The End of Trauma: How the New Science of Resilience Is Changing How We Think About PTSD

George A. Bonanno. Basic, $30 (336p) ISBN 978-1-541-67436-3
Bonanno (The Other Side of Sadness), director of the Loss, Trauma, and Emotion Lab at Teachers College, proposes a new way to look at trauma in this hopeful examination. Arguing against the popular notion that “traumatic stress inevitably produces lasting trauma and PTSD,” he instead posits that most people go through traumatic events without developing any long-lasting negative consequences—in other words, that people are more resilient than the general consensus considers. He further proposes that a “flexibility mindset” (“a conviction that we will be able to adapt ourselves to the challenge at hand”) can explain why two-thirds of people who go through traumatic events eventually recover instead of developing PTSD. Bonanno masterfully conveys his extensive research on 9/11 survivors, and on people who suffered severe spinal cord injuries yet who didn’t experience long-term traumatic effects. His resilience model is provocative, and Bonanno urges that there’s “no single best way to cope” and calls for professionals to “adjust our behavior to fit whatever the situation is calling for, and... make sure whatever we are doing is working.” Bold and accessible, this offers much to consider. Agent: Jim Levine, LGR. (Sept.)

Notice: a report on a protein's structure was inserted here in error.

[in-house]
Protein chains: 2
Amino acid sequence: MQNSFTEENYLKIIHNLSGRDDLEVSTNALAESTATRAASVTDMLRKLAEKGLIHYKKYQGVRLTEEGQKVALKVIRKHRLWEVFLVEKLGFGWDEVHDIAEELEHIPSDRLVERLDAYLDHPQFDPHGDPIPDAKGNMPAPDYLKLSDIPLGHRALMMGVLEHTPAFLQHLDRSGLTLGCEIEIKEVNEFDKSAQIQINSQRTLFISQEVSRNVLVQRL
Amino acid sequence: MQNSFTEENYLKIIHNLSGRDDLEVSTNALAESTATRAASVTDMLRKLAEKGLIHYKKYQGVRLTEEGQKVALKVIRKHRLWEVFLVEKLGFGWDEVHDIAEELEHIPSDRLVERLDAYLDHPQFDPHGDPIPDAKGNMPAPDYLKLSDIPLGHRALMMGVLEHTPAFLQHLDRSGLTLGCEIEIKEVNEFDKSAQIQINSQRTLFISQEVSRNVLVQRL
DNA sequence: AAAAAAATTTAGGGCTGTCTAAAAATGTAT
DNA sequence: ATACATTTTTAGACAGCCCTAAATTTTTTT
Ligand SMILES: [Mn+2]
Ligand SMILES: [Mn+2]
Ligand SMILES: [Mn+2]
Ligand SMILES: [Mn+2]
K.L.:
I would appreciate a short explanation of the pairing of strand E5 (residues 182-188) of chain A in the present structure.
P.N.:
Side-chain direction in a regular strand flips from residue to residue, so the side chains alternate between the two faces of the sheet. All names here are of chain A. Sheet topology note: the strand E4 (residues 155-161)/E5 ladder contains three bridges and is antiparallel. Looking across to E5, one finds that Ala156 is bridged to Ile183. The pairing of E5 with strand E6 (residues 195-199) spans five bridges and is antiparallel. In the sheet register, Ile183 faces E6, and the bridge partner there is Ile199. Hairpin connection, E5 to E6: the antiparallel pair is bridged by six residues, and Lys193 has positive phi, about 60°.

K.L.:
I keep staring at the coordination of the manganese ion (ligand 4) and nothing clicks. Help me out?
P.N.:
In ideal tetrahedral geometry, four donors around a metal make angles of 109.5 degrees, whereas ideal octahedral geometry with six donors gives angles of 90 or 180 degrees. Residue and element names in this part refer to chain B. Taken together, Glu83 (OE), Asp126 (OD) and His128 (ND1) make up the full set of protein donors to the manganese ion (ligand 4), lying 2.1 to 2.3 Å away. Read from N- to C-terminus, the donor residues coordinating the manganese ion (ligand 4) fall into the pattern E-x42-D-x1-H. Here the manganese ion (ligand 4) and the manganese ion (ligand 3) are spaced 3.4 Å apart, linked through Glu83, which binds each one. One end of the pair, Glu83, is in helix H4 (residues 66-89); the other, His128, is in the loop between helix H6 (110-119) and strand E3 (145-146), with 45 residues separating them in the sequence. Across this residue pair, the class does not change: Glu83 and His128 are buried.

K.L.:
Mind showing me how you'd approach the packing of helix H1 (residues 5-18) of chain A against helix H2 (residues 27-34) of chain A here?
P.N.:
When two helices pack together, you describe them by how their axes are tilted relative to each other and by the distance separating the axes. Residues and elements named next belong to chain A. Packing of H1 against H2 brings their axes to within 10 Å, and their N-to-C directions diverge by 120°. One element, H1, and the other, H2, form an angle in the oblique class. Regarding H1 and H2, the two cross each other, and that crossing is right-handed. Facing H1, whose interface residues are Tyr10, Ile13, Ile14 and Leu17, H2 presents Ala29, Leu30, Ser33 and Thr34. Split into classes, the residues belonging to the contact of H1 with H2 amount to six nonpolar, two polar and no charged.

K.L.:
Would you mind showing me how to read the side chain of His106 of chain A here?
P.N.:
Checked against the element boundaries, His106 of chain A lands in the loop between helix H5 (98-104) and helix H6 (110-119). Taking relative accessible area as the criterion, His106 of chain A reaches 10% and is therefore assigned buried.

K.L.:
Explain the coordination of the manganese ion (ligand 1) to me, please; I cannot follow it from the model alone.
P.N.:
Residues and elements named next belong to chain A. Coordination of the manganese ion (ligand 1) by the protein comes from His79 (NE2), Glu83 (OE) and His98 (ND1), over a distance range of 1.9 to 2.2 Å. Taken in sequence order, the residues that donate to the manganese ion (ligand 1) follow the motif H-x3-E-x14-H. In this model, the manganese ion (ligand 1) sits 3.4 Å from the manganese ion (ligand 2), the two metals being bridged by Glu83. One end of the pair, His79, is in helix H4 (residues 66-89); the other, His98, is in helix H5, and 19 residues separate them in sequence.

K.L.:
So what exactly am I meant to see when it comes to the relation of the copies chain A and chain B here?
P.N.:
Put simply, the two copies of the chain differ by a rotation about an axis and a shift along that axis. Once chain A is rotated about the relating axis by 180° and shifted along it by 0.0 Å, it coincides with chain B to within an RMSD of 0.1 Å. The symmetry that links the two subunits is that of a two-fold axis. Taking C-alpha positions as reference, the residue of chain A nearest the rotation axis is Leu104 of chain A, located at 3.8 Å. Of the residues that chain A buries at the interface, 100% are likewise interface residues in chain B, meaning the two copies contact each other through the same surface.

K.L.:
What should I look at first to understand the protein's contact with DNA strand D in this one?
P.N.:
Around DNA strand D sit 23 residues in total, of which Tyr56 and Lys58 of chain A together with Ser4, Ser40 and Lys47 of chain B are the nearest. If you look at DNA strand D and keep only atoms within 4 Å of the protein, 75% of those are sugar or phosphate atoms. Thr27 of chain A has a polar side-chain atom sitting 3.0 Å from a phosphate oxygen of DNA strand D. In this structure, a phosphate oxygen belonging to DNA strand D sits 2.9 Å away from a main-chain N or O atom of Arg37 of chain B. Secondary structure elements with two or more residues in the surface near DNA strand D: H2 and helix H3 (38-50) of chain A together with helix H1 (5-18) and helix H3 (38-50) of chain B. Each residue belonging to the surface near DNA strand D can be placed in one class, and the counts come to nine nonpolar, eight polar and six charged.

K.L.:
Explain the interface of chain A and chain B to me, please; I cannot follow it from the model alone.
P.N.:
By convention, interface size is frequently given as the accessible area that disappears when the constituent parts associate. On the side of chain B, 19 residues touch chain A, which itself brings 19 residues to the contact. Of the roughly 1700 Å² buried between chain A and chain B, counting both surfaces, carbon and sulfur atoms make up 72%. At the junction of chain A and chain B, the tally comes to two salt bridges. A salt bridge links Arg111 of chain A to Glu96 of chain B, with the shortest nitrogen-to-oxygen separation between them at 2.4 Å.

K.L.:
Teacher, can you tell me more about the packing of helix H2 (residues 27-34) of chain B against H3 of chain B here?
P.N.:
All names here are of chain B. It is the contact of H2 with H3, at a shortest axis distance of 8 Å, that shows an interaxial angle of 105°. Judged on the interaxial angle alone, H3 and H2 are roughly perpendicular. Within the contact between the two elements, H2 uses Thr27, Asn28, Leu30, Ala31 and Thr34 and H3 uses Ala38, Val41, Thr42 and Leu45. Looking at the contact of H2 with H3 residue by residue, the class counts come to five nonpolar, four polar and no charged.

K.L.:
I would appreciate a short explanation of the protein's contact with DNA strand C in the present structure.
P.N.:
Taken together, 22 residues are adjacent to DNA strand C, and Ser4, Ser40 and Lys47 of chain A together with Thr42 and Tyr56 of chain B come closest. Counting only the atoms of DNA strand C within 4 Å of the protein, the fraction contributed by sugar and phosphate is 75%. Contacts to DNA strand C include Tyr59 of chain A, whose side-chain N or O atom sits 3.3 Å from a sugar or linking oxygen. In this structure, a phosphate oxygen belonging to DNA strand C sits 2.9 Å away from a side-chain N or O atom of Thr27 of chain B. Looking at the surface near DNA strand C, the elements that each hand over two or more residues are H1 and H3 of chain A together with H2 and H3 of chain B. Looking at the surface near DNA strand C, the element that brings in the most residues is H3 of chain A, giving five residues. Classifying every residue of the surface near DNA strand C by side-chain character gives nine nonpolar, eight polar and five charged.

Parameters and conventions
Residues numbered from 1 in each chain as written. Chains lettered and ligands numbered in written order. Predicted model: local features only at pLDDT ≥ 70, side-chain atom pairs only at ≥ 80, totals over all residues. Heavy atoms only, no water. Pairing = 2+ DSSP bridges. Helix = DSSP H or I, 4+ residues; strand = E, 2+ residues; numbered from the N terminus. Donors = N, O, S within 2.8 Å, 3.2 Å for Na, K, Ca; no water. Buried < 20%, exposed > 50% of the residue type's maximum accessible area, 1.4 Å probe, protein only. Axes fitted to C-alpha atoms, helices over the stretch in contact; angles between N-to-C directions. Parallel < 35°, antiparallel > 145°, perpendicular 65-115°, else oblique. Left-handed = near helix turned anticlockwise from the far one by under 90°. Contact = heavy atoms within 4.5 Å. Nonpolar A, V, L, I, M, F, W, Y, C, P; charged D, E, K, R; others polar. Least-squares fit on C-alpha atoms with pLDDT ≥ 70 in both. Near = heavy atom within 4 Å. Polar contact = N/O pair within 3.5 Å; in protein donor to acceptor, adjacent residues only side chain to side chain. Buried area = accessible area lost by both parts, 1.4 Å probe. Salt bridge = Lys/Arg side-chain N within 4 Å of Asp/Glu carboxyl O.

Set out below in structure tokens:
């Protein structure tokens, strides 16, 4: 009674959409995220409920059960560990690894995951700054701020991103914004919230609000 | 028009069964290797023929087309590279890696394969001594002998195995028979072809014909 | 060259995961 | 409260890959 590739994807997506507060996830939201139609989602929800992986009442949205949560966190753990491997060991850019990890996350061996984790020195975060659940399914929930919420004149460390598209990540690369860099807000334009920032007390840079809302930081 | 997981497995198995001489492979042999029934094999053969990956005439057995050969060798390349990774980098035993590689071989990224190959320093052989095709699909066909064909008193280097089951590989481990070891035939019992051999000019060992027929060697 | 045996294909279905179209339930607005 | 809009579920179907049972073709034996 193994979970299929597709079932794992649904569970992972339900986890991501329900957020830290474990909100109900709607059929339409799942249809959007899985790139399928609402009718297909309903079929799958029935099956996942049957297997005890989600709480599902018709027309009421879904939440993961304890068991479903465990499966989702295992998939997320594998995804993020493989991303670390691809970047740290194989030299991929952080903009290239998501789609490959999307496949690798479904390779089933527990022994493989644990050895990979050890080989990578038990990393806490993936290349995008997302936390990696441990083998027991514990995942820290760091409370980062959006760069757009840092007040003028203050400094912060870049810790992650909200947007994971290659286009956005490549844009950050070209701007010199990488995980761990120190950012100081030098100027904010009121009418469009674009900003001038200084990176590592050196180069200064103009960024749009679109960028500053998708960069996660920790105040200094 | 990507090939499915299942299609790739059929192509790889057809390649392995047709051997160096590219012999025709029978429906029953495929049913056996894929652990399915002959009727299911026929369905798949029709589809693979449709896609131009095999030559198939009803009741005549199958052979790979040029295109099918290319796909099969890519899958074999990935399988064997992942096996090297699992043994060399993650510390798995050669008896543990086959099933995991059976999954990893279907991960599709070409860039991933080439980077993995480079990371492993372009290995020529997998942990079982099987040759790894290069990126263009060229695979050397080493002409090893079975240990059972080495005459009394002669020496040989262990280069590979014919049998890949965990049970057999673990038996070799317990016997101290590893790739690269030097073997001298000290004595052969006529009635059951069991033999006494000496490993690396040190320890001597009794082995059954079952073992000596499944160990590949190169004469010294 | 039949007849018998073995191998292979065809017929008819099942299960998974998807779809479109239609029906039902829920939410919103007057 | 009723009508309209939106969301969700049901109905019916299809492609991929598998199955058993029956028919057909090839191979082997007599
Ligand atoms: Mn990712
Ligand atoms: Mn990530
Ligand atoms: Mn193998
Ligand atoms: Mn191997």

Reviewed on : 08/26/2021
Release date: 09/07/2021
Genre: Nonfiction
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